Actually a company can have a deferred tax asset or a deferred tax liability. It's an accounting mechanism to 'smooth' out the impact of timing differences, where the tax code starts taxing things in a different way to the accounting standards. Without accounting for deferred tax, these differences would lead to unexpected volatility in your profit & loss account, so a company recognises a deferred tax asset or liability on its balance sheet, then unwinds that against the current tax differences in future years.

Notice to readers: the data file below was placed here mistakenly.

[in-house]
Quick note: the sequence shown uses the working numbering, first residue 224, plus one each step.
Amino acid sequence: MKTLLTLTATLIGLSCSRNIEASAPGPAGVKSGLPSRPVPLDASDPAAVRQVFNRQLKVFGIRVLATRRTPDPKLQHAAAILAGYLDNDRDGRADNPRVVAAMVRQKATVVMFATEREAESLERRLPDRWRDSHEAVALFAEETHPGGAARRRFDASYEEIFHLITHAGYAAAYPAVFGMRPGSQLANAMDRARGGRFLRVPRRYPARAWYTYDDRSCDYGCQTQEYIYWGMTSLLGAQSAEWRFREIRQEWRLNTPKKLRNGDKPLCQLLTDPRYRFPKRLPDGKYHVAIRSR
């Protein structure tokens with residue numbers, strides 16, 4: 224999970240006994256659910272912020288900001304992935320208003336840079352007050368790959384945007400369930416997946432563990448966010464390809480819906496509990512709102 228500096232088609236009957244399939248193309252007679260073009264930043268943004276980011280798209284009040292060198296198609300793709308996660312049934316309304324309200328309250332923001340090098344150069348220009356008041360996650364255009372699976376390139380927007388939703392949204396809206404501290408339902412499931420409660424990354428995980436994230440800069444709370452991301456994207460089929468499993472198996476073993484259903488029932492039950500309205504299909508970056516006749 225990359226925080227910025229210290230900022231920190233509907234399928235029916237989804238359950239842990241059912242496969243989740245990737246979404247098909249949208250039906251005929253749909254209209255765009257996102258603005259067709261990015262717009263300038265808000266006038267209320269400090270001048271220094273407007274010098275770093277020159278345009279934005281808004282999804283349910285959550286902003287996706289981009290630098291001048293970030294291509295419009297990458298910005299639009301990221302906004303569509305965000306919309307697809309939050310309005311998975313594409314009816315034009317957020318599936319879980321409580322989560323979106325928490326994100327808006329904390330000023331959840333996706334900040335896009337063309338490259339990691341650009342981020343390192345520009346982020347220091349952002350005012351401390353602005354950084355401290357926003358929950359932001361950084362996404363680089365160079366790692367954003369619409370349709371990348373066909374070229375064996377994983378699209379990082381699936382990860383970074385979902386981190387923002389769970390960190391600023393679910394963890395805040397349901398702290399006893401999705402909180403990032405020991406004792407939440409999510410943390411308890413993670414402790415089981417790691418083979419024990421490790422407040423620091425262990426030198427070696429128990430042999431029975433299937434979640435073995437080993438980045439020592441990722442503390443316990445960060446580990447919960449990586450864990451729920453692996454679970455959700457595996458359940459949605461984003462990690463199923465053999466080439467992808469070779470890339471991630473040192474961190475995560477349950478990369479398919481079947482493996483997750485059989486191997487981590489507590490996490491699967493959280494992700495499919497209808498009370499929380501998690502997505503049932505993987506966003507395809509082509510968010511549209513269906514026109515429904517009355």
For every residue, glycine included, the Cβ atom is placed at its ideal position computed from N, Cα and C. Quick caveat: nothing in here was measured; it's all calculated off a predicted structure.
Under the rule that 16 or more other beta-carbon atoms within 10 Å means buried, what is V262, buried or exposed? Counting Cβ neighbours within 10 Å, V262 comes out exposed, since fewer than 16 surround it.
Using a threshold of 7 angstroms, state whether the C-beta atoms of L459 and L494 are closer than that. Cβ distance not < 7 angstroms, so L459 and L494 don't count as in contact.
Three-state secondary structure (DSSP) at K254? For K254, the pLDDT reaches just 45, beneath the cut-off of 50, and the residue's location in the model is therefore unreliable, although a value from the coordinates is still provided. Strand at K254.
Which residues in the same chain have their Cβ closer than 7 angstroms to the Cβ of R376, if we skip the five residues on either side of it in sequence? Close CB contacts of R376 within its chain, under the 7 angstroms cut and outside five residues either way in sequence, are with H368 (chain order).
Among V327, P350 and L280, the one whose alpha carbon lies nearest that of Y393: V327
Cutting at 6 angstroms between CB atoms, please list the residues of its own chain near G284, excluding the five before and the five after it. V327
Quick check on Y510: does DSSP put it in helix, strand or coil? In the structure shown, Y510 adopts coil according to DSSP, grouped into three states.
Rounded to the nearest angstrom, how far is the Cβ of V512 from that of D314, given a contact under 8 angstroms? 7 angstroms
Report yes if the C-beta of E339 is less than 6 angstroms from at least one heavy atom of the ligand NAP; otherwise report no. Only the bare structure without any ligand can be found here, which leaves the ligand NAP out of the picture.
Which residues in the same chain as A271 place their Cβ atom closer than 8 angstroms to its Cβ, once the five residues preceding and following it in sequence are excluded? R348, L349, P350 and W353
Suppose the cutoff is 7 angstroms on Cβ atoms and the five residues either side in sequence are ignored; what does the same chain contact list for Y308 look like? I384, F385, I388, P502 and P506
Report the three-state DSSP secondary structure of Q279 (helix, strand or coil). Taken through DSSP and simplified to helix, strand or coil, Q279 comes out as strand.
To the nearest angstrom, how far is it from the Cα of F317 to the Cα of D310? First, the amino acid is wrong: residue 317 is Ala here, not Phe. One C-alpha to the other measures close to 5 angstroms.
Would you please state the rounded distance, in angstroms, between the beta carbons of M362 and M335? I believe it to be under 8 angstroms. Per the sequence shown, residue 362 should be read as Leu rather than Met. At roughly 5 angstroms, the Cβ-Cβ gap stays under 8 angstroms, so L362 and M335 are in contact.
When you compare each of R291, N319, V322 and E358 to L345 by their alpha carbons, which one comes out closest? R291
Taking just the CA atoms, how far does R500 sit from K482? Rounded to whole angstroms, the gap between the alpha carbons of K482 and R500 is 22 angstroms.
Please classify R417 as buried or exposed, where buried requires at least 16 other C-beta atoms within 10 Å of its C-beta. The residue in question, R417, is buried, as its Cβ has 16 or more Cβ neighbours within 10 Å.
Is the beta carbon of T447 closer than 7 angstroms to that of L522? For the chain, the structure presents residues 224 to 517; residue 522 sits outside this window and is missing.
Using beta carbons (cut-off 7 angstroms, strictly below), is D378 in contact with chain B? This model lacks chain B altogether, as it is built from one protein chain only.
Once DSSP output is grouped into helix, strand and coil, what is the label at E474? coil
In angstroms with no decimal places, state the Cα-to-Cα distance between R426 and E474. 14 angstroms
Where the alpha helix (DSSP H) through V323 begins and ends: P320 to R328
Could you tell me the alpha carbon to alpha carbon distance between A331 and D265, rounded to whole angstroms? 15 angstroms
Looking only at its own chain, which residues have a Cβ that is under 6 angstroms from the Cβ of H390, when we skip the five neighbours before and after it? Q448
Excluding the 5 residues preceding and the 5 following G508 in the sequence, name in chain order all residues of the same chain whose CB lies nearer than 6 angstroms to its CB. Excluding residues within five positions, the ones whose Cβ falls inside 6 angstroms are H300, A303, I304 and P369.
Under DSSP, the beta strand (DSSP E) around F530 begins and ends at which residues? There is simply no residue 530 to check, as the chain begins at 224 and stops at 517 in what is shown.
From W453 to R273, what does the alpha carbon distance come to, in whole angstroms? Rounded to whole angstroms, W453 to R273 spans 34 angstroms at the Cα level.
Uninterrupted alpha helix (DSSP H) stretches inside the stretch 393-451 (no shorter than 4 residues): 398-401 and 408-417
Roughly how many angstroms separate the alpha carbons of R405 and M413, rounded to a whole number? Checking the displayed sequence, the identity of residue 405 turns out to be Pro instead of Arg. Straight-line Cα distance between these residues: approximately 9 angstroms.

If the accounting and tax code differences will benefit you in the future, you can recognise a deferred tax asset; if you'll be worse off in the future, you recognise a deferred tax liability.
In this case, it looks like the company had a deferred tax asset that was no longer going to crystallise a benefit in the future due to the recently changed law - hence they reduce the asset. Cr Deferred tax asset (B/S), Dr Tax charge (P&L). It's not a cash tax or a mistake with their tax calculation for the year.